7. Jeanne, Olivier & Wyplosz, Charles, 2001. "The International Lender of Last Resort: How Large is Large Enough?," CEPR Discussion Papers 2842, C.E.P.R. Discussion Papers.
  8. Catherine A. Pattillo & Andrew Berg, 1998. "Are Currency Crises Predictable? a Test," IMF Working Papers 98/154, International Monetary Fund.
  9. Frenkel, Jacob A & Jovanovic, Boyan, 1981. "Optimal International Reserves: A Stochastic Framework," Economic Journal, Royal Economic Society, vol. 91(362), pages 507-14, June.
  10. Matías Tapia & Andrea Tokman, 2003. "Efectos de las intervenciones en el mercado cambiario: el caso de Chile," Estudios de Economia, University of Chile, Department of Economics, vol. 30(1 Year 20), pages 21-53, June.
  11. Burnside, Craig & Eichenbaum, Martin & Rebelo, Sergio, 2001. "Hedging and financial fragility in fixed exchange rate regimes," European Economic Review, Elsevier, vol. 45(7), pages 1151-1193.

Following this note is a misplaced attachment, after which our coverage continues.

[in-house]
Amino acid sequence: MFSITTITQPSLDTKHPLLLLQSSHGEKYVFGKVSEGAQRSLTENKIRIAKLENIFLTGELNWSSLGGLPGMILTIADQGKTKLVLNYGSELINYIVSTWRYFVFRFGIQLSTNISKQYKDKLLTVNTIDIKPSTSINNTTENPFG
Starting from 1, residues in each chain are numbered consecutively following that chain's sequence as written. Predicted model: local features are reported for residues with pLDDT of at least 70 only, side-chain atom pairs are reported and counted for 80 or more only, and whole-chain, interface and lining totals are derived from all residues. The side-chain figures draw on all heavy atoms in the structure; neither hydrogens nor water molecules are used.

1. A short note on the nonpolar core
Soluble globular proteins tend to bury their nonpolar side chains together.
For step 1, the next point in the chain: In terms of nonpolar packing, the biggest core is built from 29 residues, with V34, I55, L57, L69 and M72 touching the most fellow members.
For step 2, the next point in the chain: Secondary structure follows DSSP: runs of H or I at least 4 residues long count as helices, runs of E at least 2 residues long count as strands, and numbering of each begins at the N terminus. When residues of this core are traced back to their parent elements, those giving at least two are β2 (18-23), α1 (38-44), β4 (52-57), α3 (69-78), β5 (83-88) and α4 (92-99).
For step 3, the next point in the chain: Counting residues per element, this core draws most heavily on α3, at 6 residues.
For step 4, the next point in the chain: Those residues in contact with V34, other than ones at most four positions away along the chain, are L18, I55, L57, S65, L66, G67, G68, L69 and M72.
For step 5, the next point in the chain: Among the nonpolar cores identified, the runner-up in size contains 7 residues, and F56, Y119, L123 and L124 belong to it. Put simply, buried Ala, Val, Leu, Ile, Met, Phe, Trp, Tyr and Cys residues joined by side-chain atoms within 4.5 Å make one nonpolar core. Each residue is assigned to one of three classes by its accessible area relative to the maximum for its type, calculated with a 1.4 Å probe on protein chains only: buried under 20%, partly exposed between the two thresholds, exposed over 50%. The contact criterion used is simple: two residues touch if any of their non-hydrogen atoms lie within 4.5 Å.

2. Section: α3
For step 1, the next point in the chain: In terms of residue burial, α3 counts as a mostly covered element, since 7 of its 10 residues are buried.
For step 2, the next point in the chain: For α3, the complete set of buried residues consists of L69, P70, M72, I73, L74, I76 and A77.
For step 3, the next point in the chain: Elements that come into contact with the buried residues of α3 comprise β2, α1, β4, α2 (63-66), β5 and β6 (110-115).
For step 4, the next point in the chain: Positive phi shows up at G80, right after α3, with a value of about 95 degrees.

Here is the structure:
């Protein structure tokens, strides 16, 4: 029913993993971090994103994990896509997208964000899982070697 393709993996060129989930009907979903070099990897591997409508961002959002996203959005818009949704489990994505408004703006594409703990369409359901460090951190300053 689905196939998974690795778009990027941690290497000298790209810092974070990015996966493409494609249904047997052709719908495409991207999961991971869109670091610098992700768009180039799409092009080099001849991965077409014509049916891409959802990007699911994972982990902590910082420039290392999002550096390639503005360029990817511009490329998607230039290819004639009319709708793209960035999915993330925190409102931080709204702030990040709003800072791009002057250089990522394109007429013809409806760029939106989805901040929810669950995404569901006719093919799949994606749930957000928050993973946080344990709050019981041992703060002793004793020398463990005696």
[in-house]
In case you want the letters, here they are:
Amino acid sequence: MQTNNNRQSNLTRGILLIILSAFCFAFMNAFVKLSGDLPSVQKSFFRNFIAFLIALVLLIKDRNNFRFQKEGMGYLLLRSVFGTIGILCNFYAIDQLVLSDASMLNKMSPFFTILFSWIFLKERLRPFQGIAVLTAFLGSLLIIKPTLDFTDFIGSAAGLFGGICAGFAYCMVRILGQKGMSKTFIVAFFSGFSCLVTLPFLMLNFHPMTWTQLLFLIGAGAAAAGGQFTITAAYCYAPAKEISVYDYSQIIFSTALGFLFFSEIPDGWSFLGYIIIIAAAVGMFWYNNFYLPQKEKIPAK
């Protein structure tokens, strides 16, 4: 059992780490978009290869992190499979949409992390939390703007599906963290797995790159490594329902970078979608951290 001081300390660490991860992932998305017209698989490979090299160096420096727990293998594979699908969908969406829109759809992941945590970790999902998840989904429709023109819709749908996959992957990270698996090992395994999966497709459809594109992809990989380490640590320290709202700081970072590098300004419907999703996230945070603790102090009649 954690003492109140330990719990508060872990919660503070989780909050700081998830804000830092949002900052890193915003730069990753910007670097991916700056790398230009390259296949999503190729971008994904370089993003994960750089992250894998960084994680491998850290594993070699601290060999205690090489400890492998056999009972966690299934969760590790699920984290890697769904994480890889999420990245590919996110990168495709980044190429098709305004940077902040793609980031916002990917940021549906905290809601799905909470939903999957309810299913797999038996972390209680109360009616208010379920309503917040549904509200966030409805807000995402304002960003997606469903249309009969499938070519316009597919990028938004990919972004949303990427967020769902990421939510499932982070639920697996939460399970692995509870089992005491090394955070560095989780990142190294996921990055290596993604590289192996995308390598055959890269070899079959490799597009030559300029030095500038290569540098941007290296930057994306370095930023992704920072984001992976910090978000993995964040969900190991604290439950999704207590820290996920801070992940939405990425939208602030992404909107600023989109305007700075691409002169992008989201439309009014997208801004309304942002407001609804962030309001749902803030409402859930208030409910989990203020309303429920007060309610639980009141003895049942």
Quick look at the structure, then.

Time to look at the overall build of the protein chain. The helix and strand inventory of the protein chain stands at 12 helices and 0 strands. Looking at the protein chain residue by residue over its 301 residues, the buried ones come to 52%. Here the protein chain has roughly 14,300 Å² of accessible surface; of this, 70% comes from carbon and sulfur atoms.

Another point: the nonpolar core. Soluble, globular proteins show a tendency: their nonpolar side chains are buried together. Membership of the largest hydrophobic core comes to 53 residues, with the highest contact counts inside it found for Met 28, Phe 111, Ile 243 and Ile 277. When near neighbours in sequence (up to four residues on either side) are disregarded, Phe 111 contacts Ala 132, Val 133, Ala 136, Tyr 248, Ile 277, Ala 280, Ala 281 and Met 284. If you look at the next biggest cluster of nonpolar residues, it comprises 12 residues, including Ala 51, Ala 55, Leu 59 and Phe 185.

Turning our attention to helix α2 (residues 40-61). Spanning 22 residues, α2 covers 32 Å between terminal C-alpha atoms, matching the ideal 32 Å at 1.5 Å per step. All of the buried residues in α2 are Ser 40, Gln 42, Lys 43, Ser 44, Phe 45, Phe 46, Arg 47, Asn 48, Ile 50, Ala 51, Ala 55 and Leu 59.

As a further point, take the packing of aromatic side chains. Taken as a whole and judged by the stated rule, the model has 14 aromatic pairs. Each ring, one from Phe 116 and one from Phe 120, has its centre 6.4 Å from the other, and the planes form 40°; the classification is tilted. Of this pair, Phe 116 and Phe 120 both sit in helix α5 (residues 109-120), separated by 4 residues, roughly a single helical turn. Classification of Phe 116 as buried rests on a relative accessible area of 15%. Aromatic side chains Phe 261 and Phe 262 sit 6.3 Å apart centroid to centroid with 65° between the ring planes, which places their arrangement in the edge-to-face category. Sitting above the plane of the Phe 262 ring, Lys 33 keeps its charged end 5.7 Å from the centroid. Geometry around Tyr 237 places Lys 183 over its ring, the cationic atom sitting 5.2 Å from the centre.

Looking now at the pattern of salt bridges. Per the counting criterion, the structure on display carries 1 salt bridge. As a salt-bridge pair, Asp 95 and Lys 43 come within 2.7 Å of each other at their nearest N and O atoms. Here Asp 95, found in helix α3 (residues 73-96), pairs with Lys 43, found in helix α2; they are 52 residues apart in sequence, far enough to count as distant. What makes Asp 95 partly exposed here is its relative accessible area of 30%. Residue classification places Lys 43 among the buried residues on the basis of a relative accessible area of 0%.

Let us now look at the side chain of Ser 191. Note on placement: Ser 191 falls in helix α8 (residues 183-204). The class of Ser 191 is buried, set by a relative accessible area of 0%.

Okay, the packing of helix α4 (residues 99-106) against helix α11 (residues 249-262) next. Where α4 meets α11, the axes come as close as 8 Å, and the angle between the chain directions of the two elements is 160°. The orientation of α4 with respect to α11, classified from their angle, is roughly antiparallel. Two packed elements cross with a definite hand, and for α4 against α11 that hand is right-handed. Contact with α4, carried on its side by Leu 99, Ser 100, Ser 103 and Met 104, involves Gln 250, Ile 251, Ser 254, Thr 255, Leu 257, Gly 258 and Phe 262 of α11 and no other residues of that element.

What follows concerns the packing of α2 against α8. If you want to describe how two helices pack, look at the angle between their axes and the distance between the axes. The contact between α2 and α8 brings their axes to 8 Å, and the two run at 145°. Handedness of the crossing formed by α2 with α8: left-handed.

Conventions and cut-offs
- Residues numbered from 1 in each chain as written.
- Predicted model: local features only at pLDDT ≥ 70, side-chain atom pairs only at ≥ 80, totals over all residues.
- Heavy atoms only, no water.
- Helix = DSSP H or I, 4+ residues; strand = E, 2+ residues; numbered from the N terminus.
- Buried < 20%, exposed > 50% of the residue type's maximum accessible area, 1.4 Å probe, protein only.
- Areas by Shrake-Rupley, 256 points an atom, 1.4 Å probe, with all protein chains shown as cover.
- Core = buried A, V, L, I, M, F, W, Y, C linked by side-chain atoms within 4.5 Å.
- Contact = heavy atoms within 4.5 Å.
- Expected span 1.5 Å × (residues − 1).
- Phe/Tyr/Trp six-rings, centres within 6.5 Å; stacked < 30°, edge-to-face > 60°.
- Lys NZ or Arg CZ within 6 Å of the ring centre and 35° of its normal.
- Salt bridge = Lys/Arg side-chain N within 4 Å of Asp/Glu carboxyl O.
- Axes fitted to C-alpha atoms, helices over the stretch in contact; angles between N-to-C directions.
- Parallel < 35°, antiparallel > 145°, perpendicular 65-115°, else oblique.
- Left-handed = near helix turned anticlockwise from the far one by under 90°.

12. Leonardo Leiderman & Carmen Reinhart & Guillermo Calvo, 1992. "Capital Inflows and Real Exchange Rate Appreciation in Latin America; The Role of External Factors," IMF Working Papers 92/62, International Monetary Fund.
  13. Reinhart, Carmen & Rogoff, Kenneth, 2004. "The modern history of exchange rate arrangements: A reinterpretation," MPRA Paper 14070, University Library of Munich, Germany.
  14. Frankel, Jeffrey A. & Rose, Andrew K., 1996. "Currency crashes in emerging markets: An empirical treatment," Journal of International Economics, Elsevier, vol. 41(3-4), pages 351-366, November.